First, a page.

Center for the Advancement of the Steady State Economy
Regular Contributors:  Herman Daly, Brian Czech, Brent Blackwelder, James Magnus-Johnston, and Eric Zencey. Guest authors by invitation.

Print This Post Print This Post

Limits to Growth – of Stuff, Value, and GDP

by Brian Czech

I’m starting to think that perpetual growth notions are the Achilles heel of the human brain. They pop up like munchkins on a Whac-a-Mole machine. You smash one and up come two.

A recent example comes from Tim Worstall, a business and technology writer for Forbes. Like the long lineage of Homo polyannas before him, he assures his poor readers that we can have perpetually growing GDP without using more resources. He uses a variety of the old “growth is more value, not stuff” argument.

Worstall says, “It really is true that as value increases we have economic growth. And how are we determining that value? Through the market prices that people are willing to pay for them. And what is the determinant of that? Well, actually, it’s us. Our own often arbitrary and always subjective estimations of what something is worth to us. Which isn’t, as I hope can be seen, something that is bounded by any physical limit at all.”

Now I don’t know about you, but when someone is compelled to announce, “It really is true,” my “Prove It” flag pops up. And sure enough, Mr. Worstall has a lot to prove.

For starters, just exactly what evidence does Mr. Worstall have to support his notion that our estimations of value are unbounded? I don’t recall having or hearing of an experience where something just seemed to increase in value more, more yet, and forevermore. Do you? Now it may have seemed that way for some short period of time with something like coffee. But unless you’re moving into ecstasy ad nauseum – an oxymoron if there ever was one – the value of the experience was bounded. Right?

Why can’t Worstall and the perpetual growthers just face it with the rest of us: life is all about limits. Life, death, taxes, and limits. What’s wrong with limits, anyway? If there weren’t any, what value would a certain level of progress or satisfaction have? How would you measure it?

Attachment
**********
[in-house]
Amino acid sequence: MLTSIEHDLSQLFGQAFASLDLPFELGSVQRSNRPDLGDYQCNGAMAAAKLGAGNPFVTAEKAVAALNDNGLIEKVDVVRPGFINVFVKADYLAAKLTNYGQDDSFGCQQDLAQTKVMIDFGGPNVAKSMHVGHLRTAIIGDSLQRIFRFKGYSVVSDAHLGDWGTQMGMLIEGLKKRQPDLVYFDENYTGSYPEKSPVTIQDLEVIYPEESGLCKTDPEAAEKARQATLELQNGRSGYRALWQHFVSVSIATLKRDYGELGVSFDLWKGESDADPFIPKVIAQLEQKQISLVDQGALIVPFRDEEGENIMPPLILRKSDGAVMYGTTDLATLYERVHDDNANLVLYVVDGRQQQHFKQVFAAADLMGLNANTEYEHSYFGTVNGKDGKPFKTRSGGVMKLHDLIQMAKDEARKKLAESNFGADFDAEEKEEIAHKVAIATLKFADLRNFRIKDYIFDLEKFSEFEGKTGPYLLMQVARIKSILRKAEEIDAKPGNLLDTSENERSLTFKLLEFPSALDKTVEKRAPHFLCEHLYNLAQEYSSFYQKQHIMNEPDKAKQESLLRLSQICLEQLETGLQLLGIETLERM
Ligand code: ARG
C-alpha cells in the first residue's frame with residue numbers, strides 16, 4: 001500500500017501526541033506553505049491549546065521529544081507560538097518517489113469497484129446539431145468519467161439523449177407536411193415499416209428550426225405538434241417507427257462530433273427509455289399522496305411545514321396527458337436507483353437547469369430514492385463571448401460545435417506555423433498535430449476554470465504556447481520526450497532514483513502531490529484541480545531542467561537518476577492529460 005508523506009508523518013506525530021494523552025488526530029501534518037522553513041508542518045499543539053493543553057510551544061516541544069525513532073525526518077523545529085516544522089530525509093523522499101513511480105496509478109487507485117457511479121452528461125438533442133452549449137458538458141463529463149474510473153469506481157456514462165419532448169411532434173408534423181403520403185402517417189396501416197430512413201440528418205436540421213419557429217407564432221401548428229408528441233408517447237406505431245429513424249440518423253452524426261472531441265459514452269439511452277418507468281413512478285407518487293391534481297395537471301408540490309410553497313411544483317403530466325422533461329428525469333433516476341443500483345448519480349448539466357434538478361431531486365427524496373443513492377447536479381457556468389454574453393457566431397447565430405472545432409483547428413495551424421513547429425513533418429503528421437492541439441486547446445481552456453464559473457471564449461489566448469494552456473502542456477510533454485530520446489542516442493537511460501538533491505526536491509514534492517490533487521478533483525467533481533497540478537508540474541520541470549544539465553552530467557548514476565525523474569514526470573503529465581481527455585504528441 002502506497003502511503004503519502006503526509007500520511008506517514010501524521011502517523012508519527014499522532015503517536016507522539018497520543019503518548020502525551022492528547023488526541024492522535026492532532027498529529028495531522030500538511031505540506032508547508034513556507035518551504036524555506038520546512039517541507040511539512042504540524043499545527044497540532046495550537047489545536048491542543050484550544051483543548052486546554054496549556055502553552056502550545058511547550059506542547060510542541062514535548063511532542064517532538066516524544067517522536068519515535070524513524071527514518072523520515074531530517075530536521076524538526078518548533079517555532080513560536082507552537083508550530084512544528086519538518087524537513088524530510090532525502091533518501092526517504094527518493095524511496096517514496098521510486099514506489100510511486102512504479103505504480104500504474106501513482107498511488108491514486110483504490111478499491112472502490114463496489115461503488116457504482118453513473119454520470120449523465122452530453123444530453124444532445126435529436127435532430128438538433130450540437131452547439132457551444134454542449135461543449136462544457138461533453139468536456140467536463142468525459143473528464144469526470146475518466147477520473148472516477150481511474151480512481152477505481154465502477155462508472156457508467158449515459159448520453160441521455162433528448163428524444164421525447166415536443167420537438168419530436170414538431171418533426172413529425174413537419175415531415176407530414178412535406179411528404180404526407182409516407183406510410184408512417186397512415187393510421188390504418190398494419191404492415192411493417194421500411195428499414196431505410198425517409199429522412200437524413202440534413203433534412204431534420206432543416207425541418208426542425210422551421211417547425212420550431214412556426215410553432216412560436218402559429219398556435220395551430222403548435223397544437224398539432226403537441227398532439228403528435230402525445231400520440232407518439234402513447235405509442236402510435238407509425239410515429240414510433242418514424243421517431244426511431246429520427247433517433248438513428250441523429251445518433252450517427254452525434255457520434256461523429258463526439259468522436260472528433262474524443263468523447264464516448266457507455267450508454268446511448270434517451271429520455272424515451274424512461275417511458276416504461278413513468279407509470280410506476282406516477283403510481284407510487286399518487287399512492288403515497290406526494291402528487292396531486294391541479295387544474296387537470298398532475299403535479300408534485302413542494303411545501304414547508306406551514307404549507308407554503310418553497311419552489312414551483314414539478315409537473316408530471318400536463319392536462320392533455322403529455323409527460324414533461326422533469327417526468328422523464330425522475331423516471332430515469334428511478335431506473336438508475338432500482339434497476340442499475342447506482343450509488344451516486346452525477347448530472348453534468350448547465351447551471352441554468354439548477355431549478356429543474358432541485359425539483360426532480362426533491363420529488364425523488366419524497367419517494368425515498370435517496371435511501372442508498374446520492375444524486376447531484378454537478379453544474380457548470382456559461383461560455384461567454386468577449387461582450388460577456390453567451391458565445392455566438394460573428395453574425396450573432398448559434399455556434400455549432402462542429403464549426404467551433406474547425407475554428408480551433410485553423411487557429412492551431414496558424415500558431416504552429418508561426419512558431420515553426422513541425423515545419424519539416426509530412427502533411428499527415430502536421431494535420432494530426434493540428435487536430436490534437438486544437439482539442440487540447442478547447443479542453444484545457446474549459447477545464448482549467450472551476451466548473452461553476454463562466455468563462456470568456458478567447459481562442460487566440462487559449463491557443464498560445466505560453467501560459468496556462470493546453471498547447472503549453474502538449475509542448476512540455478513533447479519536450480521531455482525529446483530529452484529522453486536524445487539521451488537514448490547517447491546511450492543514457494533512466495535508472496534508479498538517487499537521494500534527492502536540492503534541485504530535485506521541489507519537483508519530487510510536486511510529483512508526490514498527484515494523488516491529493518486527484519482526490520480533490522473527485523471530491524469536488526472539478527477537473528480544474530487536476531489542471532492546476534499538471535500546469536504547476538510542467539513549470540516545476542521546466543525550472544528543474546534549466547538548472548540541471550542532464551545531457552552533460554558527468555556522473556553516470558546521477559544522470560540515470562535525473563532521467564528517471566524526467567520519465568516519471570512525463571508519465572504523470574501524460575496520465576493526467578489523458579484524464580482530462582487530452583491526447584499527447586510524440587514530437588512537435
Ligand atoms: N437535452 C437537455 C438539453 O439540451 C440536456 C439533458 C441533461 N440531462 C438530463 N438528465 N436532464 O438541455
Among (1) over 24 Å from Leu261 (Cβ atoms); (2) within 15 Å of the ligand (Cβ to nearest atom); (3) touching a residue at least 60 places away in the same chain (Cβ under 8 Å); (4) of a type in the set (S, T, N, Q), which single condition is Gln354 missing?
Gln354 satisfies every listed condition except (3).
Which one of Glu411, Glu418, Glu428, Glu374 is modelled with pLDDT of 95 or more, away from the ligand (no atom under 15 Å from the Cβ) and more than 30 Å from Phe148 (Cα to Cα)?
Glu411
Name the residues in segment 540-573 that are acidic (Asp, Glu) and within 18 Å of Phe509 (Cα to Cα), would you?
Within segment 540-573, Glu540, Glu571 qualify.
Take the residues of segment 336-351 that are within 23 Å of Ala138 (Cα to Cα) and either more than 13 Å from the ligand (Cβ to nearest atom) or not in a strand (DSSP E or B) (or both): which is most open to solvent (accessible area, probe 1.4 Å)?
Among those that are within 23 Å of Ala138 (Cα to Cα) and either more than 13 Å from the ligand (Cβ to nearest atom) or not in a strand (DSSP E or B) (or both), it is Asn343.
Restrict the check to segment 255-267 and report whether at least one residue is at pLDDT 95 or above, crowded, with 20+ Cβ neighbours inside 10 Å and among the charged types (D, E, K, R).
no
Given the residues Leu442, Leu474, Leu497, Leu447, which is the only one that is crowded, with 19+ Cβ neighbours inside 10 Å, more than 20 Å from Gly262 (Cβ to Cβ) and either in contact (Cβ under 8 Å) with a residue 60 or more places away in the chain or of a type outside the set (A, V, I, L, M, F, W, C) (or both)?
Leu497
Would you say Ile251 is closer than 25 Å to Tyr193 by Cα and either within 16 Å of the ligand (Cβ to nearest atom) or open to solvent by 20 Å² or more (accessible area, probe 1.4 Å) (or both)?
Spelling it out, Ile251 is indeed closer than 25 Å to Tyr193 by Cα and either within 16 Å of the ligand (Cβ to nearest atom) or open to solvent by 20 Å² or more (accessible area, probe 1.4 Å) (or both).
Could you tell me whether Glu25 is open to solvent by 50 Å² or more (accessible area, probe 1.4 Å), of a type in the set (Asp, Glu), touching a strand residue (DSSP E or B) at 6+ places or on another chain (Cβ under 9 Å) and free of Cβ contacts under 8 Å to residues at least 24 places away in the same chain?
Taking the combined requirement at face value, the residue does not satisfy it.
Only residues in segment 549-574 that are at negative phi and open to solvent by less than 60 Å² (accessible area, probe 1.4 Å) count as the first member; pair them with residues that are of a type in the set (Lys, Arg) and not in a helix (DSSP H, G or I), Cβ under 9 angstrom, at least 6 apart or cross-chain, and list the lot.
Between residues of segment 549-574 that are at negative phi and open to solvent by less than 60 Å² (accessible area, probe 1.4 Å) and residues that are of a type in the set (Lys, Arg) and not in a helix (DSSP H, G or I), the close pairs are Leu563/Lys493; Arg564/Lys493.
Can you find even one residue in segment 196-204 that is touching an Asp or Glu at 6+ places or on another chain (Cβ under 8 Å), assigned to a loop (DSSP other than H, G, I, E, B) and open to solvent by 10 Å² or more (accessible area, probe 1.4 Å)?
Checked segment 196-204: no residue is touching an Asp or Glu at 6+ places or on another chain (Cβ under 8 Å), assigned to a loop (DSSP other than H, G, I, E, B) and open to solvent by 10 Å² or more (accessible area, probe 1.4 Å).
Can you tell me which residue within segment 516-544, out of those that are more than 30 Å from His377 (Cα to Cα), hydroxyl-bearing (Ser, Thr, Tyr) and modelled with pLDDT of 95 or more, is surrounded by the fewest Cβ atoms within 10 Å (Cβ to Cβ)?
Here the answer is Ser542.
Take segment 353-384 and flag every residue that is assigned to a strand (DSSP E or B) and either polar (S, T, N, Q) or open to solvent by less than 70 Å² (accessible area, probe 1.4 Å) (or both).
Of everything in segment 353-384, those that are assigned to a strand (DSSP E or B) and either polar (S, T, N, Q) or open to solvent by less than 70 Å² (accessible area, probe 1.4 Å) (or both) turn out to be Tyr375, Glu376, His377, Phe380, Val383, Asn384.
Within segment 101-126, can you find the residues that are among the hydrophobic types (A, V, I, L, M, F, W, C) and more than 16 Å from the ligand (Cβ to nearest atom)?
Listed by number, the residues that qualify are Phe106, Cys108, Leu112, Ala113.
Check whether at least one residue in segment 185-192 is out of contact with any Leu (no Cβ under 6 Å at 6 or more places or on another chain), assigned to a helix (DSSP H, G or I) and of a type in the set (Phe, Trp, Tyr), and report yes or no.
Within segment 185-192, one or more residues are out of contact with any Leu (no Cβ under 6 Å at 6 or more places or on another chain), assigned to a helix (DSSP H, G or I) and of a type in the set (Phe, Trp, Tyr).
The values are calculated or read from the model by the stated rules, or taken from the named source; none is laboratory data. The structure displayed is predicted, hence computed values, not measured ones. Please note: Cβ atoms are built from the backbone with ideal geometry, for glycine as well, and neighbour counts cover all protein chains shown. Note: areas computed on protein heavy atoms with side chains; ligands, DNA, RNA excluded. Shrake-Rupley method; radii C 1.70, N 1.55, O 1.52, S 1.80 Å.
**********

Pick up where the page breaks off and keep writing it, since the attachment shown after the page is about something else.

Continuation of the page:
Now sure, you might “value” living more as you get closer to dying. You might try to measure this value and say, “I’m twice as concerned with living now.” You might even spend twice as much money on health food. That’s fine and understandable, but it’s not economic growth. If you spent more on health food, you had less to spend on coffee, chiropractic, or bingo at the Elks Club.

That brings us to an even bigger burden of proof begged by Mr. Worstall. The main point of his article is that all this ever-increasing appreciation or satisfaction or happiness, which requires not one jot or tittle of energy or material, will result in GDP growth! This, he lectures the scientists, is really what GDP growth is all about: increasing value, where value may increase without increasing use of energy and material.

Where’s the proof? Have we ever seen GDP increase without increasing use of energy and material? If the Worstalls of the world would only put their money where their mouths were, we could cap energy and material flows and test their hypothesis. But no, their mouths are preoccupied with perpetual growth slogans like “drill baby drill!”

But just for the sake of argument, let’s say we can wave a magic wand or a hypnosis gismo and have ever-growing value without the use of more energy and materials. All of a sudden, bread tastes better, suits look spiffier, hymns even sound holier. And that’s without using more energy or material. It’s all in the mind, you see.

So we spend more on it? Thus increasing GDP?

Prove it.